Pastoral ministry is not all glitz and glamour. Would to God that it is, but it is like being the captain of a great ship (no matter what size the church is numerically) on the sea. Sometimes the water is calm. Sometimes the storm is raging. Sometimes the rudder gets stuck. Sometimes mutiny is in the air. Sometimes the road map is tossed aside. Sometimes the captain gets ill. And sometimes the Pastors becoming weary of sailing again.
Three observations about pastoral ministry:
THE PASTOR NEEDS AN ENCOURAGER
Surprise! The encourager-in-chief needs an encourager. He or She needs somebody who can break from the ranks of the naysayers, skeptics and silent saints and muted members who can encourage the Pastor.
In my church there is a couple that never ceases to be an encouragement to their pastor. I’ve been on the road preaching quite a bit lately. In the last three weeks, I’ve had the burden of preaching through a series on “The Blood” and preached a Revival and preached three annual days and then a wedding. When I came home on Sunday morning after flying into Louisville early Sunday morning, went straight to the pulpit, attended a fare-thee-well for two of my ministers who are moving to another city, and then preached at an annual day 40 miles away. I literally had to crawl up the stairs and went to sleep for over 12 hours and woke up not refreshed but exhausted. My wife had laid out my mail that I received and there were two notes – one was a Pastoral Appreciation Month card and the other was a Marriage Anniversary card for me and my wife, along with a gift in each. The amount is meaningless, but the sentiment was priceless.
I don’t care what size the congregation is – the pastor needs somebody to encourage him or her to keep on keeping on.
THE PASTOR NEEDS SOME TIME
No, I’m not talking about vacations. I’m talking about the time that it takes to be renewed and refreshed. After talking with many pastors across the country I’ll let you in on a secret – many pastors have developed terrible prayer and study lives because they are over-scheduled and over-committed.
One of the blessings of being a full time pastor is the premise of the promise of time. However, I’ve seen pastors with the time who wrap themselves up with conventions, community activities, athletic events and then come to the pulpit or teaching moment exhausted because their priorities were out of order.
The Pastor needs time to not only pray for his flock – he or she too has a family that needs prayer, prayer is needed for financial issues, prayer is needed for direction, and prayer is needed even for discernment and developing a sense of spiritual timing. The Pastor needs time when the phone is off, the computer is off and is cut-off from all forms of media and social media to release the mind. I take a day a week and get in my car and drive – sometimes near some water – where I can just free myself of burdens and issues.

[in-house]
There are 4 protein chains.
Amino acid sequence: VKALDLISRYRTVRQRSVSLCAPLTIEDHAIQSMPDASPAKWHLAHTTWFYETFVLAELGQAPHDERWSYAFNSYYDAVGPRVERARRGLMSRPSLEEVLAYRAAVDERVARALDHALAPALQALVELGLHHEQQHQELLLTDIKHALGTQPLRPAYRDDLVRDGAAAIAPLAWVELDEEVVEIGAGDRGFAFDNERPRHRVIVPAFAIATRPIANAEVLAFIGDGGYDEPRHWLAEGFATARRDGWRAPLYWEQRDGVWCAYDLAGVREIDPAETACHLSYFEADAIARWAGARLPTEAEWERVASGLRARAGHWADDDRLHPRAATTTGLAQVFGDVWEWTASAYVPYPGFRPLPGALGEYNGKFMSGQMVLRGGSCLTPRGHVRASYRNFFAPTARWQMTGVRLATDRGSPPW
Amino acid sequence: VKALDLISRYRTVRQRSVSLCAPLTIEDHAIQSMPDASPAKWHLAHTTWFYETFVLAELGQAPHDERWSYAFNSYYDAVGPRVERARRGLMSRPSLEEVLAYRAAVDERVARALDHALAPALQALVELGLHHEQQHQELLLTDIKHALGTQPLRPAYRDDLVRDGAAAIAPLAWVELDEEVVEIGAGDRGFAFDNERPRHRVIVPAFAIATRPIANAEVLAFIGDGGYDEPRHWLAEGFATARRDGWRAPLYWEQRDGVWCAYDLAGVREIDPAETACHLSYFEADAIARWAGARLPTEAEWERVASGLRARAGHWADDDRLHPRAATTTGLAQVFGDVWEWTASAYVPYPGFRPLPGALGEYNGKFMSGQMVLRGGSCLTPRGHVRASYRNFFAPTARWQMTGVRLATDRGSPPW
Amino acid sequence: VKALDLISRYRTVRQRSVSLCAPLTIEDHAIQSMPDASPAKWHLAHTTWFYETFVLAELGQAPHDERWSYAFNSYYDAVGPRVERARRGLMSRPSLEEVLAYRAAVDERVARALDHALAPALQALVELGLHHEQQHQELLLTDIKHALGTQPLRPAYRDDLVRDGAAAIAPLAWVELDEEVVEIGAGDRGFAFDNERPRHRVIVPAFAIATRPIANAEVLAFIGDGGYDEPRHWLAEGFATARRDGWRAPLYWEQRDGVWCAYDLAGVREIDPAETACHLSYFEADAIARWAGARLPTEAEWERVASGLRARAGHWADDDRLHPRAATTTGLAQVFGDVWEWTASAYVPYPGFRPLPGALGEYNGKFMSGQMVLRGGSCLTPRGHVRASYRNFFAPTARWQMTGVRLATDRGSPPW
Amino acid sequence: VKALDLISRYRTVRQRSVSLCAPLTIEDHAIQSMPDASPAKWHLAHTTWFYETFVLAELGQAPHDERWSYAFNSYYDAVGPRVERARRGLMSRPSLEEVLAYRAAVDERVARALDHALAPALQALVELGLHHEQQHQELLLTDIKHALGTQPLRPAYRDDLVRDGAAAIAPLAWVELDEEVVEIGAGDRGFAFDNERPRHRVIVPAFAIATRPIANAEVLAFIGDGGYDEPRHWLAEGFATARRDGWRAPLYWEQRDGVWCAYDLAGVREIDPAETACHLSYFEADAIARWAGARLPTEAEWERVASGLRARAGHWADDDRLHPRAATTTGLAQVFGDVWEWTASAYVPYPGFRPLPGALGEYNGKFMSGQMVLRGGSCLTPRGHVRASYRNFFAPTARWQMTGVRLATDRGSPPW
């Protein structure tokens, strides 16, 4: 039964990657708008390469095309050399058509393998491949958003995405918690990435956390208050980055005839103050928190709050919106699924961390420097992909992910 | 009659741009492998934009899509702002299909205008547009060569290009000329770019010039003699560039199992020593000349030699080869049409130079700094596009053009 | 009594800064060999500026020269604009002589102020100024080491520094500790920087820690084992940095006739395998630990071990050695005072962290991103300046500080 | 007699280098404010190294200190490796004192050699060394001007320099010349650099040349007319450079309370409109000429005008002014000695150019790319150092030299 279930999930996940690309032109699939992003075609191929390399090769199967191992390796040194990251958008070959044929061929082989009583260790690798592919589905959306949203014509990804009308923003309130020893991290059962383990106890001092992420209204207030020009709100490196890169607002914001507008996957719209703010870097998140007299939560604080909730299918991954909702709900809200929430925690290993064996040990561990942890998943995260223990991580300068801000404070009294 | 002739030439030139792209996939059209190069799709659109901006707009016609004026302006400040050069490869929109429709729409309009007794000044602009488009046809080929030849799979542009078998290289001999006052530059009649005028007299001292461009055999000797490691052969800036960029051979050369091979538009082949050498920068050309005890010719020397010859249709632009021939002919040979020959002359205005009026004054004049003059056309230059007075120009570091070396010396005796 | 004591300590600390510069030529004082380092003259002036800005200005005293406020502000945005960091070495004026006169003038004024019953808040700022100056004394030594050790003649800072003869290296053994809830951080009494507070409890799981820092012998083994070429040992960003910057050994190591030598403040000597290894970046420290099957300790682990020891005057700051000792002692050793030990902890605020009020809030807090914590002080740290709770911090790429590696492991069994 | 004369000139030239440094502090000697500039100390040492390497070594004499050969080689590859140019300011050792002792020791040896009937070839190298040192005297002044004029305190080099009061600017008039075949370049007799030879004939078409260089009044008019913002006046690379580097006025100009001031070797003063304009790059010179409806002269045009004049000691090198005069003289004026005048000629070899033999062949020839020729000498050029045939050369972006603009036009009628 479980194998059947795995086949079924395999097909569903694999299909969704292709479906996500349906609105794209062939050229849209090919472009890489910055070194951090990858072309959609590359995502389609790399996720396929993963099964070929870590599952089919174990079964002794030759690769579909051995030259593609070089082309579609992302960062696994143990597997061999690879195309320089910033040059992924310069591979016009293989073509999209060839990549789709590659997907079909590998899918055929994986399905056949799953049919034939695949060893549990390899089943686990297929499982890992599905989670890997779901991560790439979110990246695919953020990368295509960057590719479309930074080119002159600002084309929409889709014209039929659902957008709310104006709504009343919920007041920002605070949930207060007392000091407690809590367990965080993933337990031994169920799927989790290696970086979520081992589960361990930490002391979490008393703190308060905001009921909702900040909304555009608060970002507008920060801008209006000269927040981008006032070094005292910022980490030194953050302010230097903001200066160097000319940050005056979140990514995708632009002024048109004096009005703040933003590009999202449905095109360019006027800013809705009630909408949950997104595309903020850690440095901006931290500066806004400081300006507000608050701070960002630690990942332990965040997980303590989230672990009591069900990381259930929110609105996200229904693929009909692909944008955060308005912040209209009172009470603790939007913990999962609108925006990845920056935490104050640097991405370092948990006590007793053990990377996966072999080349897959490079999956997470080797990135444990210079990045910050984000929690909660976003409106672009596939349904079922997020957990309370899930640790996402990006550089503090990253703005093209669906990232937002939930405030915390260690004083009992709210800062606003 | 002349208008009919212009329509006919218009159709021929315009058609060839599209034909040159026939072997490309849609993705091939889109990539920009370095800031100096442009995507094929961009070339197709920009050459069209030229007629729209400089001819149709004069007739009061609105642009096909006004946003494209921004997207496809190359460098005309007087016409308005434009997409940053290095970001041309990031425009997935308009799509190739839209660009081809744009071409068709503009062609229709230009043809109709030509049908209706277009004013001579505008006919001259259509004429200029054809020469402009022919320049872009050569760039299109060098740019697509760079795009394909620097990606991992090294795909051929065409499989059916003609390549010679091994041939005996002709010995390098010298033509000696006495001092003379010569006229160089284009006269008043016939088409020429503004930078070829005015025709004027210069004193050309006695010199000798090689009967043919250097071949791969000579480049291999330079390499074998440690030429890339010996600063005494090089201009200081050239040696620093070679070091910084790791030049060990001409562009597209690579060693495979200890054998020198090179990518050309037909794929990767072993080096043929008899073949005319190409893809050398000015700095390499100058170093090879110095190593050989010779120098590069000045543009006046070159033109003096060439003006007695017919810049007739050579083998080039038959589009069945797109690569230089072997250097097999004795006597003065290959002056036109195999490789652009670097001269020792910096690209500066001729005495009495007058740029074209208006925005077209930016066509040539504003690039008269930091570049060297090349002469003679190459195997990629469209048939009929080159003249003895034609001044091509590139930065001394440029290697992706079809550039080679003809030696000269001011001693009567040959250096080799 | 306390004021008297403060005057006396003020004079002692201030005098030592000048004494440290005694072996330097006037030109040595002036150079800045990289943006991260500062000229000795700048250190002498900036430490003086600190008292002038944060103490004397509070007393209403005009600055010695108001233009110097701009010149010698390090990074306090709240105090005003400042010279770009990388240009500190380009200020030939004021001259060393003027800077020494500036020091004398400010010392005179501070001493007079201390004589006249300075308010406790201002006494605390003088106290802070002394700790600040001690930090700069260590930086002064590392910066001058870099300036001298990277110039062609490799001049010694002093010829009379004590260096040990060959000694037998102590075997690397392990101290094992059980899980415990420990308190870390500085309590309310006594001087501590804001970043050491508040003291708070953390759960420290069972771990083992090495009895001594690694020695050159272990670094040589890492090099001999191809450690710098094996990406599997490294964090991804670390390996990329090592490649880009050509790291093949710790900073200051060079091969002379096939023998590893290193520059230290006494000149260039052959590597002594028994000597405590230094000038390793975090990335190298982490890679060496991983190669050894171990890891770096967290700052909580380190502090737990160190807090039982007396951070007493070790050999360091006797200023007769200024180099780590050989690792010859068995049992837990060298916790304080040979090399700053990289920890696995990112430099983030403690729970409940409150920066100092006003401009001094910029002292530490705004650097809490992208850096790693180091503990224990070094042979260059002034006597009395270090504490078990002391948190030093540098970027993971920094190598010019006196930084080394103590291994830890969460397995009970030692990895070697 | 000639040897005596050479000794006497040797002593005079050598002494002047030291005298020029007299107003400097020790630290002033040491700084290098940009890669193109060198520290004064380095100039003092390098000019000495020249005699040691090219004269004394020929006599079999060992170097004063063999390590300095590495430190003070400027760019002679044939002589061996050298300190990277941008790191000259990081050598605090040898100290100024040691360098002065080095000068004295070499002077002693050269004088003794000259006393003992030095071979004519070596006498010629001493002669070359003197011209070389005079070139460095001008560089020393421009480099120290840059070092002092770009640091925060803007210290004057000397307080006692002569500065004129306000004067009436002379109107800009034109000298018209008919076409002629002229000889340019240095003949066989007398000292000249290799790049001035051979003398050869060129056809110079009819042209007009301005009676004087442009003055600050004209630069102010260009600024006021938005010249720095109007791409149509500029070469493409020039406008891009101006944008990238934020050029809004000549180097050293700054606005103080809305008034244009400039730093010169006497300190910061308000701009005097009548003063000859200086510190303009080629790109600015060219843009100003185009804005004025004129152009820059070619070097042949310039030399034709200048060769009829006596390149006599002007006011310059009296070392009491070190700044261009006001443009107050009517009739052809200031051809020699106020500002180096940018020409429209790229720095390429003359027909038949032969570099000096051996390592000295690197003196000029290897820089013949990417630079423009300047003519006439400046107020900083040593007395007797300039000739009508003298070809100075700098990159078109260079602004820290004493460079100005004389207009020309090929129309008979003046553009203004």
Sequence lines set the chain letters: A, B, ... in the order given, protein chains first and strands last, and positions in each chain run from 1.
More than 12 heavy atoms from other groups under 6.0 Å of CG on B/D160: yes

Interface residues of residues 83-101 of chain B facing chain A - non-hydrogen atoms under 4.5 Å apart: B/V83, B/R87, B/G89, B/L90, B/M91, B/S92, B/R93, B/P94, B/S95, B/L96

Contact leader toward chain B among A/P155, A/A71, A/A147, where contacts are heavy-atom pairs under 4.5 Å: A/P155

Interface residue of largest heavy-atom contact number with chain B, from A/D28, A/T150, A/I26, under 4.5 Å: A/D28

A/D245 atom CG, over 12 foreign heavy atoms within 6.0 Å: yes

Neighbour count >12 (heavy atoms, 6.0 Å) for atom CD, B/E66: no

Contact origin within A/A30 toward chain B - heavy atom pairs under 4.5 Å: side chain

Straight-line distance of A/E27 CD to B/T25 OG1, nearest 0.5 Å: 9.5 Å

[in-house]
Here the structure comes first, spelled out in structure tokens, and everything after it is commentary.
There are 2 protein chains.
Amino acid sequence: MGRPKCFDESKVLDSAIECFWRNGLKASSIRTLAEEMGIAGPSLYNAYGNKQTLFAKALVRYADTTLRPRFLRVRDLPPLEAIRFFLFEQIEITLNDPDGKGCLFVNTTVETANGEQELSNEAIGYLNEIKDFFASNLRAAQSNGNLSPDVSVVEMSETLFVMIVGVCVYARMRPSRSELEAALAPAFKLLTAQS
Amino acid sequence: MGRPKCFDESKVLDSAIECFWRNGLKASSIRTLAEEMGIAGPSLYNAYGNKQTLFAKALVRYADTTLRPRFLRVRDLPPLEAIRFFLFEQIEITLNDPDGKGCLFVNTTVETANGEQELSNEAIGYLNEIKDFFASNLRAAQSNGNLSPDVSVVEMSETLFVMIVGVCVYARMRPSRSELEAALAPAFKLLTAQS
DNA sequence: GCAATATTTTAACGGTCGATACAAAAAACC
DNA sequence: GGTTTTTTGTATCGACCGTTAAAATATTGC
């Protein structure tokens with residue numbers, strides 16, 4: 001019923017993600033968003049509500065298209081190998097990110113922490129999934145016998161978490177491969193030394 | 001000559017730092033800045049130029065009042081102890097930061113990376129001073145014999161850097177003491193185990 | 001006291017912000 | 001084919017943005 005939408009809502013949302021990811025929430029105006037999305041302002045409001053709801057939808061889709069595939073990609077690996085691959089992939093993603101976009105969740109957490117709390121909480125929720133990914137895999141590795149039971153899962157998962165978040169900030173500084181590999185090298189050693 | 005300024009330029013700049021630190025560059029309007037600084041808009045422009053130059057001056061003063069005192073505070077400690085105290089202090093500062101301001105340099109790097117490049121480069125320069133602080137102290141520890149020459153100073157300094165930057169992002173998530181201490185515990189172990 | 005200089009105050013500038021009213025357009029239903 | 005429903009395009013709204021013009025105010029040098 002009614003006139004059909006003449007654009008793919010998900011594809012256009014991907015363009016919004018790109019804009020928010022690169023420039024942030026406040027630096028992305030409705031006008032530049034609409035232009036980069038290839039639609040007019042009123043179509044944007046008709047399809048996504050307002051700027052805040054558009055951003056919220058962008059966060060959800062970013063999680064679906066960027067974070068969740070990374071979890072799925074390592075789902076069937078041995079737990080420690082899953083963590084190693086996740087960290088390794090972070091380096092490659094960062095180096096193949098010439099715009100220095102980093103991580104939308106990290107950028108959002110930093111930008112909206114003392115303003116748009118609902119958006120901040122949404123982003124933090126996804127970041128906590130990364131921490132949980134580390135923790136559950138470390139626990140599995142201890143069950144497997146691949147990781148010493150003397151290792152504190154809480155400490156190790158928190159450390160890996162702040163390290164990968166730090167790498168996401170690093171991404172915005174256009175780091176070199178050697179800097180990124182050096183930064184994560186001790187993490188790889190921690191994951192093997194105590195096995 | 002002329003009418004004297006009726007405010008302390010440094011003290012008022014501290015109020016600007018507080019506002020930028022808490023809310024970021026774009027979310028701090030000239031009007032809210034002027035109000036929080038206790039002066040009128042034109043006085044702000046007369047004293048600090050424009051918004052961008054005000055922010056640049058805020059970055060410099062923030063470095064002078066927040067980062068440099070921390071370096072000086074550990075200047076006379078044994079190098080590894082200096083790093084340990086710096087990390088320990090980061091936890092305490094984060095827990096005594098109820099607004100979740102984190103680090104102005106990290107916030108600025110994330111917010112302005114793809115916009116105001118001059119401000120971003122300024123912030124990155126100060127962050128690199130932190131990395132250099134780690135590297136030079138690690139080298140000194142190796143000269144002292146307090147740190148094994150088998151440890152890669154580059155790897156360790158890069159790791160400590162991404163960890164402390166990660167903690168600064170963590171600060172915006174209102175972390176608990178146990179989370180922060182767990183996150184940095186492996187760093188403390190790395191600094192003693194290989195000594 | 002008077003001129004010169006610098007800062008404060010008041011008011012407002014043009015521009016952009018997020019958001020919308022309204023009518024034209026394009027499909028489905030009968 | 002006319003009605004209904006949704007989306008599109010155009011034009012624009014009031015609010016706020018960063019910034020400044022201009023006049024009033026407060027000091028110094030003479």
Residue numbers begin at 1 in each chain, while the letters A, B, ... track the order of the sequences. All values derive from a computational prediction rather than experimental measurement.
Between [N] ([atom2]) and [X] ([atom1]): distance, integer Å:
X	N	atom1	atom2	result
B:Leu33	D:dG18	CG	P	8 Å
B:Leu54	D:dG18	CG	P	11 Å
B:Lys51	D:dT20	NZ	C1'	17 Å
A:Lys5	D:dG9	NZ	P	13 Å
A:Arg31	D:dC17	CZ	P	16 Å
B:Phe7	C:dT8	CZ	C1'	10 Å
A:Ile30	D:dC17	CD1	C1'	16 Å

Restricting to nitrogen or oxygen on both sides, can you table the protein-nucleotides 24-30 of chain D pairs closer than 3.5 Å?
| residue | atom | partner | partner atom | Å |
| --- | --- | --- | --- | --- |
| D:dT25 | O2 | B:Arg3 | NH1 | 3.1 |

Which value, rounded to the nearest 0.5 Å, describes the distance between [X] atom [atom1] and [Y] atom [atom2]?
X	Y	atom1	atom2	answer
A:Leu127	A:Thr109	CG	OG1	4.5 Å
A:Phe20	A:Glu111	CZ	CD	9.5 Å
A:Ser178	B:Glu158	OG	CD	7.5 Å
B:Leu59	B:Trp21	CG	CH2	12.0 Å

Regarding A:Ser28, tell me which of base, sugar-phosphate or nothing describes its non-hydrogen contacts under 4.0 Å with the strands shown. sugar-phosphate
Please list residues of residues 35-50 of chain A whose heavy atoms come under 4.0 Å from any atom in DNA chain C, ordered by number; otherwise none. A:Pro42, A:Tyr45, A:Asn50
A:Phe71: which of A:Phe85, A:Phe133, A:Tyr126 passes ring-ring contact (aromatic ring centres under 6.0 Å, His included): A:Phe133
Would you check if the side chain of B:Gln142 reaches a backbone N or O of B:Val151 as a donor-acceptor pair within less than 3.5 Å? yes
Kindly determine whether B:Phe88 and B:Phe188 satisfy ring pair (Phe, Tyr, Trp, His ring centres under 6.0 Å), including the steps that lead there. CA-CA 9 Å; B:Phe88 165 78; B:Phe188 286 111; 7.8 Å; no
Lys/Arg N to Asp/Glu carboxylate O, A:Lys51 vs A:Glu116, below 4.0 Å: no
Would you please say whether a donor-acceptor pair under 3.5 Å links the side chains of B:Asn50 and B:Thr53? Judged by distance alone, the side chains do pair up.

THE PASTOR NEEDS A PASTOR
I never have understood this new fangled (or should I say tangled?) concept that the Pastor only needs Jesus. That argument is the same argument we bristle at when we hear it from our church members – but some pastors model an ungodly, ungrateful and rebellious attitude when it comes to being pastored.
There has never been a period of time in my life when I didn’t have a person that I could point to and say “that’s my pastor!” From a child getting introduced to Jesus, the late Rev. Sylvester McCullumn, who founded the Morning Star Missionary Baptist Church while serving as a shipyard foreman, was my pastor. When I became a teenager, the late Rev. Dr. Arthur Bernard Devers, I, not only was my pastor, but because of the divorce of my parents, he was a father-figure for me and nurturer. In my late 20s, the Rev. Dr. Johnny Pack, IV became my pastor and under his leadership I discovered a preacher – Robert Earl Houston – that I didn’t know existed under the weight of trying to be like others. When I moved to Fresno, California in my early 30s, the late Rev. Dr. Carl J. Anderson, founder and builder of the historic St. John Missionary Baptist Church became my pastor until his passing. I had the privilege of being one of his sons and Pastor was always kind and took out time to see how I was doing. After his death, I united (in long-distance fashion) with Bishop Darryl S. Brister of the Beacon Light International Baptist Cathedral in New Orleans. Bishop is a “thinker” in Biblical Exposition, prolific writer, and I was honored to be counted as one of his sons. I then united with the Greater Trinity Missionary Baptist Church after almost walking away from ministry, and I was put to work by my pastor, Dr. Clyde Elliott Gaines – who would not allow me to fall off the face of the map.